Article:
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September 4, 2006 | by  | in Film |
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United 93

I really did not feel like watching this film. The current crop of films focusing around 9/11 tragedies like World Trade Centre and this film United 93 just feels to me like they’re trying to exploit peoples’ emotion from the situation just to cash in on it. But I found out that my preconceived notion was wrong, at least in the case of United 93.

The notable element in this film is that it refuses to concentrate on a single character, to develop or explore any of them. I found this very appealing and refreshing, as it made the 9/11 situation what it was, a catastrophe that affected not just one person from their point of view, but thousands of people from all points of views. The audience was made to feel as if they were a hijacker on one of the planes one shot, to an air-traffic controller the next. The shaky camera helped reinforce this feeling, as well as triggering my motion sickness. United 93 becomes an omnipotent eye that shows viewers the genuine events that took place, exactly what happened, and almost in real time.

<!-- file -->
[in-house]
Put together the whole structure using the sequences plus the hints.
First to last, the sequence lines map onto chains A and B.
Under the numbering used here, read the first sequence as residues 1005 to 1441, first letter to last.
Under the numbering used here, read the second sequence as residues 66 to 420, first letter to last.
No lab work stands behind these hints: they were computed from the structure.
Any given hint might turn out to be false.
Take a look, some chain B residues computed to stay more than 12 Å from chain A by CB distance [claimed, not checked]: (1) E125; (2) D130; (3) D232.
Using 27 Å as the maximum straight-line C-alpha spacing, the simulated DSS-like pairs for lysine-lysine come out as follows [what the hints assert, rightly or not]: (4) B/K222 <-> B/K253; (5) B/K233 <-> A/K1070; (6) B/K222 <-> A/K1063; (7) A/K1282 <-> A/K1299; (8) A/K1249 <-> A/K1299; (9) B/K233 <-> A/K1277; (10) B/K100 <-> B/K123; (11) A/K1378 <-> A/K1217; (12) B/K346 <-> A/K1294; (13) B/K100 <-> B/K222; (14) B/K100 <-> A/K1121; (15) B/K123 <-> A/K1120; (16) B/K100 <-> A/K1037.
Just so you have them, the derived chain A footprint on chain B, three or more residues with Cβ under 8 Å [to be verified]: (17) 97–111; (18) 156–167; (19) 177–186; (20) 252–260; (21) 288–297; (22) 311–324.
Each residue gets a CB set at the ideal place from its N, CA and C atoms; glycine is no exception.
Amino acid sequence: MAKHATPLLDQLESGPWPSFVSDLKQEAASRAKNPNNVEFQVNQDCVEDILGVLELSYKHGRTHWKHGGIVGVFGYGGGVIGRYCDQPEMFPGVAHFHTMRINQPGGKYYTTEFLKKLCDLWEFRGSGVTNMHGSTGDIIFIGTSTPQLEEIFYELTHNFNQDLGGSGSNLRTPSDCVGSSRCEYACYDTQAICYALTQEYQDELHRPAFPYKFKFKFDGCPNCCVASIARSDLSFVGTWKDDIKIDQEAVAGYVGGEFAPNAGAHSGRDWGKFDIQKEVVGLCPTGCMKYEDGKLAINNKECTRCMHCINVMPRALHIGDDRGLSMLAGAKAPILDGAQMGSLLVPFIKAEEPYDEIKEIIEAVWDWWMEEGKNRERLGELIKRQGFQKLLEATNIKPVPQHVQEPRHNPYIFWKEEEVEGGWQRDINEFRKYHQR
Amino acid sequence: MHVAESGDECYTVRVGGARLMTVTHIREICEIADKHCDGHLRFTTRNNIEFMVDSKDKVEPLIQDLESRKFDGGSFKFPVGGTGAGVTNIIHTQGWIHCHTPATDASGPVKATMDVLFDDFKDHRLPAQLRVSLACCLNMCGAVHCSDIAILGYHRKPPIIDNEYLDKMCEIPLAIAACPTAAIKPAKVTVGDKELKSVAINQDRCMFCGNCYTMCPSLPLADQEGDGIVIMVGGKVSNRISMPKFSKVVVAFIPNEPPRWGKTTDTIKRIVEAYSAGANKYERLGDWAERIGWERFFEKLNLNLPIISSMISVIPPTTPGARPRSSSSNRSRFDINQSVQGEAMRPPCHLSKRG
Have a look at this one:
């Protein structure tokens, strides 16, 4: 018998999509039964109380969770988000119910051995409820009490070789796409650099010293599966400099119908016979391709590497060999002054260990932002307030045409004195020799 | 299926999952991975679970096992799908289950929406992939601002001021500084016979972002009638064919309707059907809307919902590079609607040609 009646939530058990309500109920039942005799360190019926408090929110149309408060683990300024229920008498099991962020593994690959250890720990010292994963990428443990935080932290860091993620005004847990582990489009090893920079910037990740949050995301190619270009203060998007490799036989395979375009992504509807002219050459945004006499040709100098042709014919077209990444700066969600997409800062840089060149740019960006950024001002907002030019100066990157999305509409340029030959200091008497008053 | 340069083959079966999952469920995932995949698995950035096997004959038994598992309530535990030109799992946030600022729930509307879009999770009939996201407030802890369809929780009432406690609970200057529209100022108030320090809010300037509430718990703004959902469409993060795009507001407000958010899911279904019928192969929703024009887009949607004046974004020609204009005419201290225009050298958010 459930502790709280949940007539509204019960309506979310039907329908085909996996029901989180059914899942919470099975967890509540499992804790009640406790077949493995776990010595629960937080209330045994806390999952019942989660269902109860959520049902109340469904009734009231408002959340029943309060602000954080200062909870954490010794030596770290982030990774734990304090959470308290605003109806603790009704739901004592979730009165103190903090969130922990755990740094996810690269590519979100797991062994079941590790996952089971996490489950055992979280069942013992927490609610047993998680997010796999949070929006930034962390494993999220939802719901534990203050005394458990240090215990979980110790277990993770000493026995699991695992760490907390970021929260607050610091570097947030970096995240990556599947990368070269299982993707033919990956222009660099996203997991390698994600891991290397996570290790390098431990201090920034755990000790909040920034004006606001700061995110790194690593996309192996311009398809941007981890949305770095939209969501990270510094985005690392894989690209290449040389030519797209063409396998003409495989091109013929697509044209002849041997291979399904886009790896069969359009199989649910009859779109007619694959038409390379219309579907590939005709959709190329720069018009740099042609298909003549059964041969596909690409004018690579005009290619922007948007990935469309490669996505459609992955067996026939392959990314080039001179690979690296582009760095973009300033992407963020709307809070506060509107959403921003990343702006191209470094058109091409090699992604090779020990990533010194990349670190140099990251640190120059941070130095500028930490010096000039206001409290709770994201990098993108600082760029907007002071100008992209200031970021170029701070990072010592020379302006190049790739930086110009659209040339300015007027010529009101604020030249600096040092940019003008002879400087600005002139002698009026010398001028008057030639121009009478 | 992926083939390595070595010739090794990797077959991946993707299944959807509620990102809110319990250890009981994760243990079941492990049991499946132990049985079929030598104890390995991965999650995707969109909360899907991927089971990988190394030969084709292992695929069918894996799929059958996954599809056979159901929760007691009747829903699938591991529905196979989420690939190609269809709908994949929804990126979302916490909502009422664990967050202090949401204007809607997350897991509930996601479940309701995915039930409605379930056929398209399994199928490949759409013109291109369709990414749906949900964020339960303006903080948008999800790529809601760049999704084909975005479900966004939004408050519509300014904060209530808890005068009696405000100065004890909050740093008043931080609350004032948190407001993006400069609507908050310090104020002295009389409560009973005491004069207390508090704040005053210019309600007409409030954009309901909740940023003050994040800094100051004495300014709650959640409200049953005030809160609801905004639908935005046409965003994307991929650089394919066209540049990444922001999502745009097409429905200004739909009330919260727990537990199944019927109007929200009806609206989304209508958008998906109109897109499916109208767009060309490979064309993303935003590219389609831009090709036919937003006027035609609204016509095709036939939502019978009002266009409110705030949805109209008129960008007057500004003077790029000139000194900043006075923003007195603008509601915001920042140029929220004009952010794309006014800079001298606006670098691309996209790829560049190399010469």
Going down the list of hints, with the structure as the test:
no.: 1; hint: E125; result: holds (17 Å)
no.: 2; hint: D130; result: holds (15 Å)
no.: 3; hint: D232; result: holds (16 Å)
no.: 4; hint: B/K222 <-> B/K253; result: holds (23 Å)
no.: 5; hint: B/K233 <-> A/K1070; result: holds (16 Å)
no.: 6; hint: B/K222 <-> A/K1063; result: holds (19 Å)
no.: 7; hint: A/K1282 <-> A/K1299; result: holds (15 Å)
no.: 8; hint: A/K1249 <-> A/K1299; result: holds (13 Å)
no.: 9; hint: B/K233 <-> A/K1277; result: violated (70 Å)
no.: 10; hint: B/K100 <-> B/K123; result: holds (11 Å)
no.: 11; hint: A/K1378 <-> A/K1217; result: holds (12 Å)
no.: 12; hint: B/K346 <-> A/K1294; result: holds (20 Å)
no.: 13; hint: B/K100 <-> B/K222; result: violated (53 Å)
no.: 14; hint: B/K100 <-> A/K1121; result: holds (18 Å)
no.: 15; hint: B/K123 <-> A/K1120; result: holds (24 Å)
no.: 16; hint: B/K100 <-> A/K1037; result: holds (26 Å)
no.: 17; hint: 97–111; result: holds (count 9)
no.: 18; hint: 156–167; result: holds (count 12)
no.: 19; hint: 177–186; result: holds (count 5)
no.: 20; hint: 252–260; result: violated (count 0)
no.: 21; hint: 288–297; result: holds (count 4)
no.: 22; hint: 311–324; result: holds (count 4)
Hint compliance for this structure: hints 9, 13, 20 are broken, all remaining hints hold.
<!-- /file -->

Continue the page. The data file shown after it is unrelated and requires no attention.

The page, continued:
Be prepared to go through all the feelings you went through when you first found out that planes had been hijacked, or the ever-present images of the burning World Trade Centre on TV. United 93 is definitely an intense film, and quite a good one too. It’s totally understandably why some people wouldn’t want to watch this film, but watching it was a real eye-opener into the event which has shaped modern history.

Directed by Paul Greengrass

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